Thompson Rivers University’s Student Union slogan “Ban the bottle” should be “Ban all disposable drink containers.”
Plastic bottles are not the only issue. The effort that has been put into this campaign getting people to ban plastic bottles should be put into educating people to recycle their beverage containers responsibly.
A majority of people in this beautiful city of Kamloops are unaware of how to or what to recycle as beverage containers not limited to but including plastic bottles.
I worked at a bottle depot for two and half years.
When I was approached by a student union member on campus providing information on “Ban the Bottle,” I realized there was a problem, the information offered was that we should be banning plastic bottles because they can only be “downcycled” meaning that they could only be made into lower grade plastic.
However I know that plastic bottles are made into new plastic bottles, paint buckets, and clothing. In fact, I have a shirt that is made from a plastic bottle.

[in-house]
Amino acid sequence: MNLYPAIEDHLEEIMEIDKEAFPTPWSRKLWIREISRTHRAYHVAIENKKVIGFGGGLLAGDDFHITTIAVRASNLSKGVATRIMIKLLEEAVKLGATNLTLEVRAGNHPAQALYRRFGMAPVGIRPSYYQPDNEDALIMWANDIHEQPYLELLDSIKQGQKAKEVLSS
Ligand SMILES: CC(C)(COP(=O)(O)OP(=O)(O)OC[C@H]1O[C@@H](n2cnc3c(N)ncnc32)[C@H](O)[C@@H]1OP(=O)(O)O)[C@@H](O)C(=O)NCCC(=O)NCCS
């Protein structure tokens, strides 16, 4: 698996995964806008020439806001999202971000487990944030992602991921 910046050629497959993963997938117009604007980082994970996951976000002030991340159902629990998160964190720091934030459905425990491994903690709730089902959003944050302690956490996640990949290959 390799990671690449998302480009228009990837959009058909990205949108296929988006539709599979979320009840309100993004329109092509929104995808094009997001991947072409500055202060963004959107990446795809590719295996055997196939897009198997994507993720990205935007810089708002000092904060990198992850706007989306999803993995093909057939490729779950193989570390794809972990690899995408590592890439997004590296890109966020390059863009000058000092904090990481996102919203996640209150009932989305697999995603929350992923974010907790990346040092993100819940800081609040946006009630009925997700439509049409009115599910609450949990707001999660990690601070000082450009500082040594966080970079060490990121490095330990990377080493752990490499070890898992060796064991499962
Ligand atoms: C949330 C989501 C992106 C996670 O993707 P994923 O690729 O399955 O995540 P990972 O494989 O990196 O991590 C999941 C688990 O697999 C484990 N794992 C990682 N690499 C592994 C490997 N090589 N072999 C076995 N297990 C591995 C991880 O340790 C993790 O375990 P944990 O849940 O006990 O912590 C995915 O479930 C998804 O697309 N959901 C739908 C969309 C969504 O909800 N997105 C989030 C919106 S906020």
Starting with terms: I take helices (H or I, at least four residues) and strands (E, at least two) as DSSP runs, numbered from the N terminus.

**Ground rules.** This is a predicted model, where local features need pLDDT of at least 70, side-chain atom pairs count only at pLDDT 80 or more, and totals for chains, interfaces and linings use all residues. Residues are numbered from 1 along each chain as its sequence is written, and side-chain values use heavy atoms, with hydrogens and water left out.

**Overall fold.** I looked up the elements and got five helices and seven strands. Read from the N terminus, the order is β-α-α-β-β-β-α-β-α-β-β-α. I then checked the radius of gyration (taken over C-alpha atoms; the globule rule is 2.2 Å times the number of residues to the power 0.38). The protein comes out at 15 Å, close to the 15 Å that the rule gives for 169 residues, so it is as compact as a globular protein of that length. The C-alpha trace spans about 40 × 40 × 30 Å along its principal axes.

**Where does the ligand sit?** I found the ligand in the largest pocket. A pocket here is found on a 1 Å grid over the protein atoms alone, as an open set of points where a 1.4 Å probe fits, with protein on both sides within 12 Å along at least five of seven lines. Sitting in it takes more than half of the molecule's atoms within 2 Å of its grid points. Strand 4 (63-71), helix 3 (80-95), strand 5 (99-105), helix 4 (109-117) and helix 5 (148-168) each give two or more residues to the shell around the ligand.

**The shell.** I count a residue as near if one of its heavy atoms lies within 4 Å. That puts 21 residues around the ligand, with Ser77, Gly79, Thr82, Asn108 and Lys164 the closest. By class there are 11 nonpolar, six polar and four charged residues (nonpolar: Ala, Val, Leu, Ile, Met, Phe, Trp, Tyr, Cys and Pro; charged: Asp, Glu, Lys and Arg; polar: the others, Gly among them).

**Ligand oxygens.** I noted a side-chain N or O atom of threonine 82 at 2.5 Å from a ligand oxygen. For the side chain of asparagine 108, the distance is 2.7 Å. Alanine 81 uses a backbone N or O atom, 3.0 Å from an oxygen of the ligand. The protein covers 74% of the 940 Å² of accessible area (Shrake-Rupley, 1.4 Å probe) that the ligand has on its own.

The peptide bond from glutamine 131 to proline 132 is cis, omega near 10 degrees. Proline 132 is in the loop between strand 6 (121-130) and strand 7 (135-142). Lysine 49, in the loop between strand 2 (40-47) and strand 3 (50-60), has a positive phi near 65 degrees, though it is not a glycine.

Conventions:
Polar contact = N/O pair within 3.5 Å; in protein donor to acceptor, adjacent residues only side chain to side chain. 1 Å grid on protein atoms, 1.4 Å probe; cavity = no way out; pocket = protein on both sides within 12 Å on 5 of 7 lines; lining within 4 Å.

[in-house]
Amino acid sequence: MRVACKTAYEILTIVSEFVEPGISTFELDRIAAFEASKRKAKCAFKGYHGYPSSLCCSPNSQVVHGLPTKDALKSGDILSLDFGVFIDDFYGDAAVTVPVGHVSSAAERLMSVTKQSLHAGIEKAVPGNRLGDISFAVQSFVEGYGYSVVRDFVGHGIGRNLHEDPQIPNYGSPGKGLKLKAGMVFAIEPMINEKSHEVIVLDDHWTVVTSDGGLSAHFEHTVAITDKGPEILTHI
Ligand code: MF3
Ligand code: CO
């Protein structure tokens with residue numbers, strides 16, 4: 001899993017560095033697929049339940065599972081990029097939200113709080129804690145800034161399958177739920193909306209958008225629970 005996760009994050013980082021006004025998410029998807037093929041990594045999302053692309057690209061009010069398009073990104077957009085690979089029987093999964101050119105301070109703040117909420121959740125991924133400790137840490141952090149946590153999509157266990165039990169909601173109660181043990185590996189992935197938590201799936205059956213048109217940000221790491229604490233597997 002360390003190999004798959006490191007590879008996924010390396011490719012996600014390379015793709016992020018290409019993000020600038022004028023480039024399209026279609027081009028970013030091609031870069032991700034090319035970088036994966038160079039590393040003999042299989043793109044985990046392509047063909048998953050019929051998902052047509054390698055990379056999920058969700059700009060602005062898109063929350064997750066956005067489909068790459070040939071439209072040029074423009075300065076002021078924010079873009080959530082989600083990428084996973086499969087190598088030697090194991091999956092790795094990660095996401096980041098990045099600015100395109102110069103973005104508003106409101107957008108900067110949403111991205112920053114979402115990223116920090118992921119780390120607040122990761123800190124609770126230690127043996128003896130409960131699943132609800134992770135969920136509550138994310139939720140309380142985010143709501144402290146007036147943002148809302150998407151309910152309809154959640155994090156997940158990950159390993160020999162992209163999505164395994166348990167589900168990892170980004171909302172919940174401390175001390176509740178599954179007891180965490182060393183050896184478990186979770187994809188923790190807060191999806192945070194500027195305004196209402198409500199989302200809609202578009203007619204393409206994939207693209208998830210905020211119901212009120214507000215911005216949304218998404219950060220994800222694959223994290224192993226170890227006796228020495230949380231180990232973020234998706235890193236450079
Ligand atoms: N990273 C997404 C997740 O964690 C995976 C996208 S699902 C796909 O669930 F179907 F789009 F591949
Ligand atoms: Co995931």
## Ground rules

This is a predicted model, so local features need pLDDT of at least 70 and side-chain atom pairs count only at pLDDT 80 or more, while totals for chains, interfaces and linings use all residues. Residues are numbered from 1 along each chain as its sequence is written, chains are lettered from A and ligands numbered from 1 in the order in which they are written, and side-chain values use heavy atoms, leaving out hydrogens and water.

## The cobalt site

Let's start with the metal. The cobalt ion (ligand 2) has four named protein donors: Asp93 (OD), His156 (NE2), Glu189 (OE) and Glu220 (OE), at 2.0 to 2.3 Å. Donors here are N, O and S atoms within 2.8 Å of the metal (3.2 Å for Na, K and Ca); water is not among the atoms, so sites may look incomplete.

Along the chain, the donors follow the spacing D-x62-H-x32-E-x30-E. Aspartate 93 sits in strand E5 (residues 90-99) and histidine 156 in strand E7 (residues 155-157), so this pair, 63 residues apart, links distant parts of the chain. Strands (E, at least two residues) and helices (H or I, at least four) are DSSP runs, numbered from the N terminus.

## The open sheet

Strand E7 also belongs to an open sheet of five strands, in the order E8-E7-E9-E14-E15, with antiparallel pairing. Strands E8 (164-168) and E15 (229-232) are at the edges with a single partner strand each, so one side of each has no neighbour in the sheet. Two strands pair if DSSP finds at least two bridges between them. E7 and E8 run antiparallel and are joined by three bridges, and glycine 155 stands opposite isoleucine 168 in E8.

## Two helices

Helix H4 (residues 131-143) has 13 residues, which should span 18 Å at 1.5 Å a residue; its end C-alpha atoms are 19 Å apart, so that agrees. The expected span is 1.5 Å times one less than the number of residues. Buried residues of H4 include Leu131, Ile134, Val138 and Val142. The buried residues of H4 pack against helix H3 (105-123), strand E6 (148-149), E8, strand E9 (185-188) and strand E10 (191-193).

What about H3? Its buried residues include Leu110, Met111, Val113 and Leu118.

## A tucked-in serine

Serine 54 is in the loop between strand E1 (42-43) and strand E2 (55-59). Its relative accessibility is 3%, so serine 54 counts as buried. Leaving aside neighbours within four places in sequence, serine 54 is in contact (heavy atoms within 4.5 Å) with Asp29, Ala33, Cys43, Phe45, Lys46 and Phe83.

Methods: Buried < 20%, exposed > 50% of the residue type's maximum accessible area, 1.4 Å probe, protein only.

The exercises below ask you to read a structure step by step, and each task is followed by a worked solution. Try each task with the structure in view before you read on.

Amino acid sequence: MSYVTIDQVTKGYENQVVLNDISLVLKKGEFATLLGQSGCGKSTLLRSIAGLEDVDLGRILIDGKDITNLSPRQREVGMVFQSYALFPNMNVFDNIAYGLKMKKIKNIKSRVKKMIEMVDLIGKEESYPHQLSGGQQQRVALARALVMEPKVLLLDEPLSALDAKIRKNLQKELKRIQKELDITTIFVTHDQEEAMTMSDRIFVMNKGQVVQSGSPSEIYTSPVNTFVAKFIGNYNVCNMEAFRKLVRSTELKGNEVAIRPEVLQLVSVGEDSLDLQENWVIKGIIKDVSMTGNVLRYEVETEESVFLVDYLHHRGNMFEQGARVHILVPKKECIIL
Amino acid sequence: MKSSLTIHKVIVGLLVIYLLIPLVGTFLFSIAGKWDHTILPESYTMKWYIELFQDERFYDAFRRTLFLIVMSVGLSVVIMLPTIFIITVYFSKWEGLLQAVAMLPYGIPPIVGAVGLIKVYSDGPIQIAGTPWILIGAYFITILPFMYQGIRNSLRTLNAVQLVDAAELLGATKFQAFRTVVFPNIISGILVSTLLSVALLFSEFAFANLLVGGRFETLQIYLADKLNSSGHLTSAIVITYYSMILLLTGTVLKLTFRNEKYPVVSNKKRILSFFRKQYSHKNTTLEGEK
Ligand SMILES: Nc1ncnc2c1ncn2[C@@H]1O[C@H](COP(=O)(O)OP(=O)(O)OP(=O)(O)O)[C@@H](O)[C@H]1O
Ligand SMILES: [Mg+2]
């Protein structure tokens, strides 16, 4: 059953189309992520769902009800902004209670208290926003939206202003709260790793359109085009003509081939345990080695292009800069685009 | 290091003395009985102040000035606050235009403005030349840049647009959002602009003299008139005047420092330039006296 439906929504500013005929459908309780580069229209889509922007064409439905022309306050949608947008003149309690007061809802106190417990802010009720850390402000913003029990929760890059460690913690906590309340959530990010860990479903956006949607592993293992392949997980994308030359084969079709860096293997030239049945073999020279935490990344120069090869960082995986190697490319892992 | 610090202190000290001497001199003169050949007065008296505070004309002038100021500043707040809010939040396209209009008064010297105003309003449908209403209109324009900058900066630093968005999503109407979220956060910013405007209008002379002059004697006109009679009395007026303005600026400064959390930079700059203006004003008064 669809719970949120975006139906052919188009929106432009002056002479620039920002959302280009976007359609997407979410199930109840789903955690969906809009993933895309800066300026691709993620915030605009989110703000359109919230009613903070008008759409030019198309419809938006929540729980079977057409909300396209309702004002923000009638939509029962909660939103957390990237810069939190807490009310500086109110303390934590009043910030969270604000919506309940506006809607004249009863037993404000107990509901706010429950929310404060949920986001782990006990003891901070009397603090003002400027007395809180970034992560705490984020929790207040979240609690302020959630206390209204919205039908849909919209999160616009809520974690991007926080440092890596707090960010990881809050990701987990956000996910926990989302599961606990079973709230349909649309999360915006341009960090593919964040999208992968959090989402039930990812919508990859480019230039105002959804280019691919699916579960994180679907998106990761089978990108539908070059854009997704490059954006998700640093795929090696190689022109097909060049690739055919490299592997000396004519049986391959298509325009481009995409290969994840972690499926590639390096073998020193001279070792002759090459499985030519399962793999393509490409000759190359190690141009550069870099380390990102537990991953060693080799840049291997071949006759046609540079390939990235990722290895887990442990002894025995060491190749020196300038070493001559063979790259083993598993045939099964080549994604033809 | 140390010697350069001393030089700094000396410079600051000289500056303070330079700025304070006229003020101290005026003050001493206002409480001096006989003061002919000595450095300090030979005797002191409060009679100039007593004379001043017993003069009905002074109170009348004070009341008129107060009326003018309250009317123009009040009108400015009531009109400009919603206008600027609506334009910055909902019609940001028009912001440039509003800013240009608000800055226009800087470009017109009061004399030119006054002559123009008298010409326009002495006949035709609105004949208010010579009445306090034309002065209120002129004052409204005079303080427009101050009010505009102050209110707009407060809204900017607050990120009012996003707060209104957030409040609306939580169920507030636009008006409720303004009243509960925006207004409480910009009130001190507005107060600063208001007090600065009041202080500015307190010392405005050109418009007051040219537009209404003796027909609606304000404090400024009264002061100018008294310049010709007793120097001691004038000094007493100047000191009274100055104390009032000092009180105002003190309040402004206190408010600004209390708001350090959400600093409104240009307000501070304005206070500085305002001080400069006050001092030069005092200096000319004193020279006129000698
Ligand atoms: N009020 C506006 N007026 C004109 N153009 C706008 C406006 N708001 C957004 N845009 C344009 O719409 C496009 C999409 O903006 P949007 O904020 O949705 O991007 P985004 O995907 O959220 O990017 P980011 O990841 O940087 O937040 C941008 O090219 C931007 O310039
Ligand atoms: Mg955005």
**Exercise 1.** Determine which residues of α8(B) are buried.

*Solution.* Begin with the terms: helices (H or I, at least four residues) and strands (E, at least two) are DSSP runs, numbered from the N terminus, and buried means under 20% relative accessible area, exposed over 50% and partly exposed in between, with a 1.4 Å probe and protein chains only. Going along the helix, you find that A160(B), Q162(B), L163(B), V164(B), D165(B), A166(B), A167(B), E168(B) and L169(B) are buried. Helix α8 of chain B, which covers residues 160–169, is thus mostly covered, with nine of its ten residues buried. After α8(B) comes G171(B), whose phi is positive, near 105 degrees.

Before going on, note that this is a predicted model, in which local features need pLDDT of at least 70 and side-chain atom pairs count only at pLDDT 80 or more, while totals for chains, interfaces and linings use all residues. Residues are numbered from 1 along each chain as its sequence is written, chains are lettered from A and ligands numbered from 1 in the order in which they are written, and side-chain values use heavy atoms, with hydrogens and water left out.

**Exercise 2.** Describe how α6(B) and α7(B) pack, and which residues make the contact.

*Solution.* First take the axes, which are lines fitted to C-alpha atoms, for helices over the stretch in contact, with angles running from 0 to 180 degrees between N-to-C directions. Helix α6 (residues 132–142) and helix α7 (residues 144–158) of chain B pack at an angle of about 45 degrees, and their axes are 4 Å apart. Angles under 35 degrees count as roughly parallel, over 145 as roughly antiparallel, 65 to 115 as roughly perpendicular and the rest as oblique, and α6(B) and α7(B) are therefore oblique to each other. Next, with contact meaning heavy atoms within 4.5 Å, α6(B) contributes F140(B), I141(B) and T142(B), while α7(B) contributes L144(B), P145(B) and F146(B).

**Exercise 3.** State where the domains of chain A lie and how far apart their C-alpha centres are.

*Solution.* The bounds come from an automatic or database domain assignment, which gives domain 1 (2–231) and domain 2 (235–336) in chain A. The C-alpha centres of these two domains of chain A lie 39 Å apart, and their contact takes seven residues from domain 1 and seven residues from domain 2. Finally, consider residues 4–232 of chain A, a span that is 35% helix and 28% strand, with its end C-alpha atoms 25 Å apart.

From my experience, tetra packs (juice boxes) are the biggest offenders. According to encorp.ca, for every tonne of juice boxes recycled, 17 trees are not cut down. Only 60 per cent of tetra packs sold in B.C. are returned, whereas 80 per cent of aluminum cans and 75 per cent of plastic bottles are returned.
Let’s focus on recycling these as well as plastic bottles.
Banning plastic bottles on campus is not a long-term solution, since commercialization, consumerism and convenience will make it difficult to achieve.
If people educated themselves on recycling beverage containers responsibly this would be a step in the right direction and a long-term solution.